Invited talks

Tomaso Poggio
Massachusetts Institute of Technology

Title:

Towards A Theory Of The Visual Cortex And Of Deep Convolutional Architectures

Abstract:

Primate visual cortex has a long record of good performance in several visual tasks relevant for robotics. Learning networks with a qualitatively similar hierarchical architectures, called Deep Convolutional Networks, have recently achieved very good performance in object recognition and other vision tasks. Ironically, our understanding of why they work so well is not better than of why visual cortex sees so well. This is the motivation for working on a theory based on the hypothesis that invariant and selective representations of images are the main computational goal of the ventral stream in visual cortex. Invariant representations can be proved to lead to lower sample complexity in image recognition. i-theory suggest a biologically plausible simple-complex cells module (HW module) for computing components of an invariant signature. For transformations that have the structure of a locally compact group invariance and selectivity can be proved.

I will describe an extension of i-theory to incorporate not only pooling but also rectifying nonlinearities in an extended HW module (eHW) designed for supervised learning. The two operations roughly correspond to invariance and selectivity, respectively. Under the assumption of normalized inputs, appropriate linear combinations of rectifying nonlinearities are equivalent to radial kernels. If pooling is present an equivalent kernel also exist. Thus present-day DCNs (Deep Convolutional Networks) can be exactly equivalent to a hierarchy of kernel machines with pooling and non-pooling layers. Finally, I will describe a conjecture for theoretically understanding hierarchies of such modules. A main consequence of the conjecture is that hierarchies of eHW modules minimize memory requirements while computing a selective and invariant representation.

Biography:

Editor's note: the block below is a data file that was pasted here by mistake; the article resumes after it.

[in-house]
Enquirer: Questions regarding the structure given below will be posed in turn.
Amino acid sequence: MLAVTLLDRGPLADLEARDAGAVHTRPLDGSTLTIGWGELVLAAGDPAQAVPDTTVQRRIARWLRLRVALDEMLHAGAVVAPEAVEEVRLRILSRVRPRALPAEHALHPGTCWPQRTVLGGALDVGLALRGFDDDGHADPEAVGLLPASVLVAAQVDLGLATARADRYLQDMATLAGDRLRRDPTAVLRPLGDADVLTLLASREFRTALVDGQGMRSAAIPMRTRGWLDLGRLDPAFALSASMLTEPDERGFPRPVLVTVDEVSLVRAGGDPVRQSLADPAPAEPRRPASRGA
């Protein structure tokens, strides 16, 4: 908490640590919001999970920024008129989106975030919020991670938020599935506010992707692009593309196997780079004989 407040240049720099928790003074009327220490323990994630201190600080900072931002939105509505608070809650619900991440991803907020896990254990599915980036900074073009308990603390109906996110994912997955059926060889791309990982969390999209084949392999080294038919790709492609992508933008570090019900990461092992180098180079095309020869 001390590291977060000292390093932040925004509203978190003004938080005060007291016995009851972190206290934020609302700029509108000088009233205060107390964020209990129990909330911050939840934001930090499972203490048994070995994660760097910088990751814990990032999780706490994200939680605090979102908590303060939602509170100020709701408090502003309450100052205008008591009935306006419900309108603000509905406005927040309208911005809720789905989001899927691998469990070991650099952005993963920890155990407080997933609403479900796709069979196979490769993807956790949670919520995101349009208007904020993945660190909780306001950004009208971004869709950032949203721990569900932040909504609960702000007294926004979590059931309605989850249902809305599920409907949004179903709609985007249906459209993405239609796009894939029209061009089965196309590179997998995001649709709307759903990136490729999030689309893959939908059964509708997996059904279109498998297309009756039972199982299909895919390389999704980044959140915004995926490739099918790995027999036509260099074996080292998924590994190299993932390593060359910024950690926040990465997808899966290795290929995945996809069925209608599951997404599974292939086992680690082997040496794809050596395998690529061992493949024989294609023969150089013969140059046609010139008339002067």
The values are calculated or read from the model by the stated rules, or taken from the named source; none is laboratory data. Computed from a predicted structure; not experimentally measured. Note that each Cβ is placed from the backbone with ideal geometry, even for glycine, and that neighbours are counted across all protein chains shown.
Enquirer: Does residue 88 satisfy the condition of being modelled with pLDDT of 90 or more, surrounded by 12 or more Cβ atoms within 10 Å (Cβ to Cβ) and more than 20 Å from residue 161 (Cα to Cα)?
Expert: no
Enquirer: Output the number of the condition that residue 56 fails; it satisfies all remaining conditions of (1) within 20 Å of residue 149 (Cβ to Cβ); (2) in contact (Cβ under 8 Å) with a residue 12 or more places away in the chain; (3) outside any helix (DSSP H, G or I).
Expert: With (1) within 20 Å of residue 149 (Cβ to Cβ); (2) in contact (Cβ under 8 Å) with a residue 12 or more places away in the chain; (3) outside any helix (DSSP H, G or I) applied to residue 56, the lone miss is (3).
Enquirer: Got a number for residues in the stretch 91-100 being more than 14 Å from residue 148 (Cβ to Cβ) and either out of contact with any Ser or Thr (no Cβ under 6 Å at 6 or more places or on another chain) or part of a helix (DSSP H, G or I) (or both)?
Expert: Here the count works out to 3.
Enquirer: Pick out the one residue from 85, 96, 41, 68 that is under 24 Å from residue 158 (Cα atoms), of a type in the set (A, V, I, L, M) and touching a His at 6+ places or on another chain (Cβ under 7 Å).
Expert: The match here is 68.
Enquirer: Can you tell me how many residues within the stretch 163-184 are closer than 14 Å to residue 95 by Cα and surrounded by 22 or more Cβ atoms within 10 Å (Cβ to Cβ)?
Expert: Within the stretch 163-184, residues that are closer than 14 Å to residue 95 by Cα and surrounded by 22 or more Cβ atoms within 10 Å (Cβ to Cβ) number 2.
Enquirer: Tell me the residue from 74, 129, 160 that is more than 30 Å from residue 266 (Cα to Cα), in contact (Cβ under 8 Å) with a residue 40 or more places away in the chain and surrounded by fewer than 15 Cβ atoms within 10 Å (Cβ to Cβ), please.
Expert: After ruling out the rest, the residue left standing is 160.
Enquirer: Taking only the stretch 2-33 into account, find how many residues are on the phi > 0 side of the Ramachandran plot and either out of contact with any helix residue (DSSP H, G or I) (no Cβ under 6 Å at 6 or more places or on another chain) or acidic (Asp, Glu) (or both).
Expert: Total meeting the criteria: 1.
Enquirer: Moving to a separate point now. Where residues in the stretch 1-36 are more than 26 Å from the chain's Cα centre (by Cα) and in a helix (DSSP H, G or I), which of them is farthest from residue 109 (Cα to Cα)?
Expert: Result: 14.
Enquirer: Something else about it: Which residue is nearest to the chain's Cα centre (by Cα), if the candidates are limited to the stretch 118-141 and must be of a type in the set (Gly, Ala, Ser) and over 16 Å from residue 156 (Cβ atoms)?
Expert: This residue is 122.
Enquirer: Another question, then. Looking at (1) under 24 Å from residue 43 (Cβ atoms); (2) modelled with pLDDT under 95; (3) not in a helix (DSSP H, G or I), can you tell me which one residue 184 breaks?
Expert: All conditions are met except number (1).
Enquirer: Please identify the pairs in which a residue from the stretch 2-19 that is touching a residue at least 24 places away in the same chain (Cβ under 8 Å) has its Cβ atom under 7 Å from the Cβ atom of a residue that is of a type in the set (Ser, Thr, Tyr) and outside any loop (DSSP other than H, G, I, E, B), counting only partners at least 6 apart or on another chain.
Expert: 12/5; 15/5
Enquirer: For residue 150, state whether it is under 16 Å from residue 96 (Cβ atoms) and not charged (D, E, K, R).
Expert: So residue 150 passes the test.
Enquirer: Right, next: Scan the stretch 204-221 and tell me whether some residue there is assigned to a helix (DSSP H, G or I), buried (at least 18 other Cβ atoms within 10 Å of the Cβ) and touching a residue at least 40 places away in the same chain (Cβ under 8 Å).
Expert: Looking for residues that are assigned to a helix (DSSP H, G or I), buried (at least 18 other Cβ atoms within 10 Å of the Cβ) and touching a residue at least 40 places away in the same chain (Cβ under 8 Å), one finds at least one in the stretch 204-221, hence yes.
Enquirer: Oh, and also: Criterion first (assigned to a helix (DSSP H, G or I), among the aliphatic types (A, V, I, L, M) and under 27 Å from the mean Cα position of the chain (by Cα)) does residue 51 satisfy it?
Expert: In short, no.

Tomaso A. Poggio, is the Eugene McDermott Professor in the Dept. of Brain & Cognitive Sciences at MIT and the director of the new NSF Center for Brains, Minds and Machines at MIT of which MIT and Harvard are the main member Institutions. He is a member of both the Computer Science and Artificial Intelligence Laboratory and of the McGovern Brain Institute. He is an honorary member of the Neuroscience Research Program, a member of the American Academy of Arts and Sciences, a Founding Fellow of AAAI and a founding member of the McGovern Institute for Brain Research. Among other honors he received the Laurea Honoris Causa from the University of Pavia for the Volta Bicentennial, the 2003 Gabor Award, the Okawa Prize 2009, the AAAS Fellowship and the 2014 Swartz Prize for Theoretical and Computational Neuroscience. He is one of the most cited computational scientists with contributions ranging from the biophysical and behavioral studies of the visual system to the computational analyses of vision and learning in humans and machines. With W. Reichardt he characterized quantitatively the visuo-motor control system in the fly. With D. Marr, he introduced the seminal idea of levels of analysis in computational neuroscience. He introduced regularization as a mathematical framework to approach the ill-posed problems of vision and the key problem of learning from data. In the last decade he has developed an influential hierarchical model of visual recognition in the visual cortex. The citation for the recent 2009 Okawa prize mentions his "...outstanding contributions to the establishment of computational neuroscience, and pioneering researches ranging from the biophysical and behavioral studies of the visual system to the computational analysis of vision and learning in humans and machines." His research has always been interdisciplinary, between brains and computers. It is now focused on the mathematics of learning theory, the applications of learning techniques to computer vision and especially on computational neuroscience of the visual cortex. A former Corporate Fellow of Thinking Machines Corporation and a former director of PHZ Capital Partners, Inc., is a director of Mobileye and was involved in starting, or investing in, several other high tech companies including Arris Pharmaceutical, nFX, Imagen, Digital Persona and Deep Mind.